Looking back..... this is what i had defined as our core values in the squadron on my first meeting with all my squadron officers.

Be a good human being: Being a good human being implied that one respected all of God's creation in general and human beings in particular without consideration of caste, creed, colour, religion or any other form of human prejudice.

Be a good Indian: You are a good Indian if you respect the greatest symbols of our nation - the Constitution and the national flag, and are willing to live up to the rights and responsibilities as laid down in the Constitution and also if you can ensure that you donot trample on the rights of other Indian citizens.

Be a good Officer (Leader/Manager): This implied that as an officer you always looked after the interests of those placed below you first, always and every time.

Be a good Professional: Being a good professional is very important to do your job to its best. However, the defence forces is a vocation where-in one may be called in to lay down one's life too. You may be the best professional around but if you are not good in the order listed above you may not be able to deliver what is required by the nation and that is the reason this was the last requirement in my scheme of things.

I have seen the core values of a number of business organisations now and find that these are defined in terms of attributes like integrity, team work, excellence, respect, learning, teaching, etc. etc. I am not sure if the core values can be the same in the defence forces and in business organisations. What do you think??

Thursday, November 6, 2008


Barack Obama will be the 44th U.S. President - a historic moment in the evolution of the American democracy. This event, i believe, is as big as previous events like the Boston tea party, the American civil war, the franchisement of women in the U.S. and the right to vote for the blacks in the US. 2008 will be remembered for generations to come as the year in which history was made in the US. Why is it such a big issue?

To me, Obama's victory signifies the triumph of democracy - a triumph of 'for the people, by the people and of the people'. This has a huge import for all democracies around the world, as also for all the people who are not living in democracies. It gives hope to people around the world - people whether they belong to majority or minority communities based on religion, race, colour or any other form of human prejudice.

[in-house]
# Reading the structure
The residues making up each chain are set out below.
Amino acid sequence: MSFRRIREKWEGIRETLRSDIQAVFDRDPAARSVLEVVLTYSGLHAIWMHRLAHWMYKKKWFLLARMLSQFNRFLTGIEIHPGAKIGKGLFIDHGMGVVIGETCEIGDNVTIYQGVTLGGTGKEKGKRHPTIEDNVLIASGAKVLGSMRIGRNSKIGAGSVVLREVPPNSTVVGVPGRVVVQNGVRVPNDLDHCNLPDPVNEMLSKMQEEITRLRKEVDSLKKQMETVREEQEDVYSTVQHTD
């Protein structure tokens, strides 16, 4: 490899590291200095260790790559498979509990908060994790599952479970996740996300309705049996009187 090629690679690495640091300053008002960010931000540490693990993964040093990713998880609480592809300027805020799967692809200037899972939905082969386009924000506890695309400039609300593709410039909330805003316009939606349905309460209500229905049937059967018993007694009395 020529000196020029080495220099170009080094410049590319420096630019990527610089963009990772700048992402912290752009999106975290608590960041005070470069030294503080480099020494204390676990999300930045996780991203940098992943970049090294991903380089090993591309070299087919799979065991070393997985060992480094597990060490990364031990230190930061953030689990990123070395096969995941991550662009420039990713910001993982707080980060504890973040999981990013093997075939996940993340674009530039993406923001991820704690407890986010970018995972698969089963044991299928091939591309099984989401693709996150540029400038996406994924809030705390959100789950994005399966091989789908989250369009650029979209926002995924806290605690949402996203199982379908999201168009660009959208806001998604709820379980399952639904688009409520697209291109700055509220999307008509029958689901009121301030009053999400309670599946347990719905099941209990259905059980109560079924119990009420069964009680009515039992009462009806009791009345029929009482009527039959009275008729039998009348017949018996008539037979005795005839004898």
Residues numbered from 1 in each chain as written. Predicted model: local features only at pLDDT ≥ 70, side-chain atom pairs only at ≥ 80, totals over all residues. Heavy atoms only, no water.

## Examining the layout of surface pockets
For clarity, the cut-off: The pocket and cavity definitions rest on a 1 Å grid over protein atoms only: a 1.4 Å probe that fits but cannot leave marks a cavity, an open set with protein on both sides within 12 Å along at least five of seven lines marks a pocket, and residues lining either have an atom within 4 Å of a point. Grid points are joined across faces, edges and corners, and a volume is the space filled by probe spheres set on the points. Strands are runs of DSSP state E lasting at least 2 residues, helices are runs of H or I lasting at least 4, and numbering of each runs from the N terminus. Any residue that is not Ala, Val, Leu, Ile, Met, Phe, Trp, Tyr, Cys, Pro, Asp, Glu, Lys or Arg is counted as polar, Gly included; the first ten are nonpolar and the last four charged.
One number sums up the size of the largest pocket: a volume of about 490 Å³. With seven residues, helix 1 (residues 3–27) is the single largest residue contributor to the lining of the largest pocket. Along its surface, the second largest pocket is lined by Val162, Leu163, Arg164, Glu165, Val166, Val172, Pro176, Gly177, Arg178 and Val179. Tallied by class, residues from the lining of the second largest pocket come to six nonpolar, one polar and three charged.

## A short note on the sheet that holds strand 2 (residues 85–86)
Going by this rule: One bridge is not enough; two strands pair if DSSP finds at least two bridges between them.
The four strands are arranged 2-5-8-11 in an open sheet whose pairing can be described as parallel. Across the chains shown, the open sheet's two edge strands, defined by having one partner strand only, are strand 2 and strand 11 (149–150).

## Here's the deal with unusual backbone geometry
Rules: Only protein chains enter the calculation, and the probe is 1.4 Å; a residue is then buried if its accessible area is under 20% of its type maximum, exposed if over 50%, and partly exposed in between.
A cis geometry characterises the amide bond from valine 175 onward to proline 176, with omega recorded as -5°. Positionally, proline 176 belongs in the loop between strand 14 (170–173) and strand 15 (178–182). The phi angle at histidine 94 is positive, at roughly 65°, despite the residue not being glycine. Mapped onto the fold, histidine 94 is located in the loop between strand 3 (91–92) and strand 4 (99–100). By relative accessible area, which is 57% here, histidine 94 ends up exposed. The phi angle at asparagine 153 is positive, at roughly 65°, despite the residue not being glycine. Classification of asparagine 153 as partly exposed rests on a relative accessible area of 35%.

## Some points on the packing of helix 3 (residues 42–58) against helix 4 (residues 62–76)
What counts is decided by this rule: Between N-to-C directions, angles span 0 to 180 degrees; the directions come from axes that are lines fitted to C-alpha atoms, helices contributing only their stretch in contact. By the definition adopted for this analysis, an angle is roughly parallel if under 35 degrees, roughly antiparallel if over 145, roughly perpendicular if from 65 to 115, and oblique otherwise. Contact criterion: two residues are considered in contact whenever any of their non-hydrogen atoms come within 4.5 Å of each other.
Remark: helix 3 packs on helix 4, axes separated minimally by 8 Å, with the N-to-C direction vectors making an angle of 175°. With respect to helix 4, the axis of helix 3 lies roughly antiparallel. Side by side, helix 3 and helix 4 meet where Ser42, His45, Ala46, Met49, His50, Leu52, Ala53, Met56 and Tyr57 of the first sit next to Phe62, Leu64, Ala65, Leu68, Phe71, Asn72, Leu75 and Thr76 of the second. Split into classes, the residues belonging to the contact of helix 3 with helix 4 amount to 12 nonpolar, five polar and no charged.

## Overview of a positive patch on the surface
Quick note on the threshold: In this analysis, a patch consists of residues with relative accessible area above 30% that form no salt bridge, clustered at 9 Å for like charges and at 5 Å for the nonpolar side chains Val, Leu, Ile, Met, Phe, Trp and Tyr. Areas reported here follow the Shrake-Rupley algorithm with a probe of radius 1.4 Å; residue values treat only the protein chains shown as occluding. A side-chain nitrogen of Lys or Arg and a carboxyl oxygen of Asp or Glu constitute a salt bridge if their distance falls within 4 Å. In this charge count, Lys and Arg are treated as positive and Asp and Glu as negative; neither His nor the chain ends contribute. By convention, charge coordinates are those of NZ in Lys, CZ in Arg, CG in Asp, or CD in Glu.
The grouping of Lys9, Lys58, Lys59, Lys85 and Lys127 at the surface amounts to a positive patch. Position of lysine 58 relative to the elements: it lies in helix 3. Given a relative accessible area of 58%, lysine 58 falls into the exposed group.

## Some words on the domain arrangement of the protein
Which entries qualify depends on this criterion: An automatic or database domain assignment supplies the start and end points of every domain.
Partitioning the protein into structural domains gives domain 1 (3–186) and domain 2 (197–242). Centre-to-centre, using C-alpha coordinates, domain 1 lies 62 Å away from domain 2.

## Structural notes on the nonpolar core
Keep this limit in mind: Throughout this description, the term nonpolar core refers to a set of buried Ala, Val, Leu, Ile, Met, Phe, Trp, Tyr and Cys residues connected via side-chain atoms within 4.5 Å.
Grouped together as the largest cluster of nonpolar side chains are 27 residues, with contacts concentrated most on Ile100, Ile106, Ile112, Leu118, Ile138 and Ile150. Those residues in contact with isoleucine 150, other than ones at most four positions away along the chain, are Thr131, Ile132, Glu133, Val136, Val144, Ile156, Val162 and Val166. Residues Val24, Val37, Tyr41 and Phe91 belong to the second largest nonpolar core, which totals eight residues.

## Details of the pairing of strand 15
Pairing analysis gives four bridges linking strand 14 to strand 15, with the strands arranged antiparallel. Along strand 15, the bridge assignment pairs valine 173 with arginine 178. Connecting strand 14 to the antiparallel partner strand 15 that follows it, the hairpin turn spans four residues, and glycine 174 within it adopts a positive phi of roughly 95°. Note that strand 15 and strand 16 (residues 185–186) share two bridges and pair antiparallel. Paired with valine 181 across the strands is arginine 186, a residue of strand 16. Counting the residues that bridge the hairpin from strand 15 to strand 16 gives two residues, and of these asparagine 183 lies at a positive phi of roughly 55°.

I wanted Obama to win in my heart of hearts but did not see this happening, but the American people have risen to the occasion and proven me wrong. I am happy to be proven wrong on this one occasion. My faith in the American dream - a dream that Martin Luther King had seen, and articulated, way back in the 60s has been re-energised.

I consider America to be the country of my second birth - my stint of about one year in the US in 1989-90 had put me through a lot of introspection and education about the functioning of a democracy. I cherish the lessons that I had learnt in the US, both formally and informally. However, the last decade had put doubts in my mind about what was meant by democracy - was it a shallow ideal where you believed in the concept only for people who swore allegiance to the US flag or was it a concept that would better the way of life for humanity per se, irrespective of their country of allegiance. That doubt has been put to rest in my mind now.

Barack Obama has proven to be a very charismatic and inspiring leader who will hopefully bring about 'change' and 'hope' for the people in the US, and around the world. Now that the easier part is over, he will have to translate his vision, and that of Martin Luther King Jr., into pragamatic steps towards the betterment of people in general. Will he be able to deliver what he promised - Change, fast enough and hope, for eternity??